The other main figure of the book is Edward T. Hall, whose research on intercultural communication can be seen as a solution to the problem of U.S. hegemony in the Third World following World War II. This can be seen in the opening montage, which illustrates a major interpreting error during the Vietnam War. A critical reader might ask, “and what is the U.S. doing in Vietnam in the first place, where they need interpreters?” This is not necessarily Mindess’ fault. But it raises the troubling history early on that professional interpreting has some of its roots in the modern military apparatus, from the courtrooms in Nuremberg to the fields of Vietnam. Mindess isn’t responsible for investigating this, but it might behoove some of us to think about it. (As a political and legal geographer, this is my area of study, so I can’t help but think about these things.)

Hall’s other writing on intercultural communication, while excellent and widely cited, sometimes depend on awkward stereotypes, such as between “Arabs” and “Westerners” (bringing to mind Edward Said’s critique of such distinctions in Orientalism). Mindess inherits some of these problems through Tylor and Hall, and the reader might sometimes feel that the differences between Deaf and hearing are overemphasized in order to keep Tylor’s and Hall’s ideas functional. For instance, even though Mindess brings critical awareness of hearing, North American culture, her examples of culture tend towards other-ness, including “igloos” and “ASL”, but not spoken English or the suburban housing developments. There is much more to the book than this, so don’t see the book narrowly through these comments.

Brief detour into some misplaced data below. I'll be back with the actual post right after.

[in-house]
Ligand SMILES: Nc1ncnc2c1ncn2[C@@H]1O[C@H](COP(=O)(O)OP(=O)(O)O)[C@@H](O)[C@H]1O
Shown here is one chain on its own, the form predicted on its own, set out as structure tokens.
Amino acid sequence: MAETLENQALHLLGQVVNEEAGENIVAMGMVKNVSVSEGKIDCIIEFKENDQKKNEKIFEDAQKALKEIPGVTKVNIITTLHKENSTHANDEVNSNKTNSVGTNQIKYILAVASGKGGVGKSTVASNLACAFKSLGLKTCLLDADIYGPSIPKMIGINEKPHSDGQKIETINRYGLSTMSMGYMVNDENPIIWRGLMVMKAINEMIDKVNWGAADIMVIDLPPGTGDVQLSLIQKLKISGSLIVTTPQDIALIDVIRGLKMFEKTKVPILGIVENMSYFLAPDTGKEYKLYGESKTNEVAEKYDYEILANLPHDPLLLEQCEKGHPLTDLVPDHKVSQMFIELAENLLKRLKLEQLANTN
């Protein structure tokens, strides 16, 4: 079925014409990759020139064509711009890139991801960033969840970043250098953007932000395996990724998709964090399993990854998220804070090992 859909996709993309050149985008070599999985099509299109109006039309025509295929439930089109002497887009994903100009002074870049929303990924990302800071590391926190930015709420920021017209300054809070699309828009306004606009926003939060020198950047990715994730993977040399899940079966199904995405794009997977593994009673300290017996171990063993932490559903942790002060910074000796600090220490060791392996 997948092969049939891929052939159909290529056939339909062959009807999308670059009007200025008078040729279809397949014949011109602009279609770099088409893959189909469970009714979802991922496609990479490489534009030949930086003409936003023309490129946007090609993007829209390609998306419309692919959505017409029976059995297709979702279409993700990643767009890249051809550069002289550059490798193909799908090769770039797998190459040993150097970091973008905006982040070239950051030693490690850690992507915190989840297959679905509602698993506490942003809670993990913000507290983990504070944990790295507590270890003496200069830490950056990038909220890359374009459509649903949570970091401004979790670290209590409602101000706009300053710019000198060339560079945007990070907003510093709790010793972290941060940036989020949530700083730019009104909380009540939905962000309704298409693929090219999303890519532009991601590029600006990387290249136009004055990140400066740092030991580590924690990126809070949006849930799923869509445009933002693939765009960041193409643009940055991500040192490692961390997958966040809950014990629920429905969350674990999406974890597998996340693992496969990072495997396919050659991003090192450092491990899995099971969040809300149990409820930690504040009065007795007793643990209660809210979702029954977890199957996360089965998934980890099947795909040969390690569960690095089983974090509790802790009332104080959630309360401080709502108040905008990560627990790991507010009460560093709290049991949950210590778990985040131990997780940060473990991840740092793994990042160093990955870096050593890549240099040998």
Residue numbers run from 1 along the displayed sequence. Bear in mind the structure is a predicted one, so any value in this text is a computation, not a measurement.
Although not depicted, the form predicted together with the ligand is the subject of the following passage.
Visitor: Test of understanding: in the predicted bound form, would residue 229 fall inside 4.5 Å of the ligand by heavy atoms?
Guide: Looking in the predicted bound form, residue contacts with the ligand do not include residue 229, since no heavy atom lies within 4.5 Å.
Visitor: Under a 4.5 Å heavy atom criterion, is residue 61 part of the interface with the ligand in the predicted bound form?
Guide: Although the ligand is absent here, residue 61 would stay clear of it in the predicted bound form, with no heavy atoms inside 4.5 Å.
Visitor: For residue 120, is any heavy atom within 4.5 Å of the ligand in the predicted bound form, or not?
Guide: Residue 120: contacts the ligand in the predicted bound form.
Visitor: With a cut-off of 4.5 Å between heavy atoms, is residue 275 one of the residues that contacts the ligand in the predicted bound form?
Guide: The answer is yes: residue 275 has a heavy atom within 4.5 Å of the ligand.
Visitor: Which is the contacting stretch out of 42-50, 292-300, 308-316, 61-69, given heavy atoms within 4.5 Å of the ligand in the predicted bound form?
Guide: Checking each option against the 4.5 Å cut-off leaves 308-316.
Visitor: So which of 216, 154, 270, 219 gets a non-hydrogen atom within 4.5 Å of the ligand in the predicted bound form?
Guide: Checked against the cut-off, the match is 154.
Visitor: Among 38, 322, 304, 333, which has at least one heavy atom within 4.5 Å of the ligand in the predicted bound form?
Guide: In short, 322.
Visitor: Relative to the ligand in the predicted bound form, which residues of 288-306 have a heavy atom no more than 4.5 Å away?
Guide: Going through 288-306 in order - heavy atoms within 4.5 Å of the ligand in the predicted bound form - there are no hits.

None of these issues compromise the value of the book, nor should they undermine Mindess’ expertise. Quite the contrary. Her book, like all books, are a product of a specific historical moment. It is not just a book about Mindess or about interpreting; the book itself tells us something about the field of interpreting. Groundbreaking books require authors to step bravely into unexplored territory. Mindess has done this. Those who come after Mindess must engage with her work – we have no choice. We should neither ignore it nor passively yield to it. We must honor her work by working through her ideas, building on them, and moving her spirit forward. Nor do we have to either tacitly accept her definition of culture or jettison the term altogether. Instead, we should be inspired by Mindess (as I have been) to make our mark on the field by adding depth and breadth to the concepts we use.


5 thoughts on “Interpreter’s Library: Reading Between the Signs”

  1. I remember being very excited about Mindess’ work when I first encountered it.

    Then, after a few years, I read it again – and saw many of the things that you’ve mentioned. I was disappointed. But also pleased that I was now seeing those things, and not just blissfully unaware.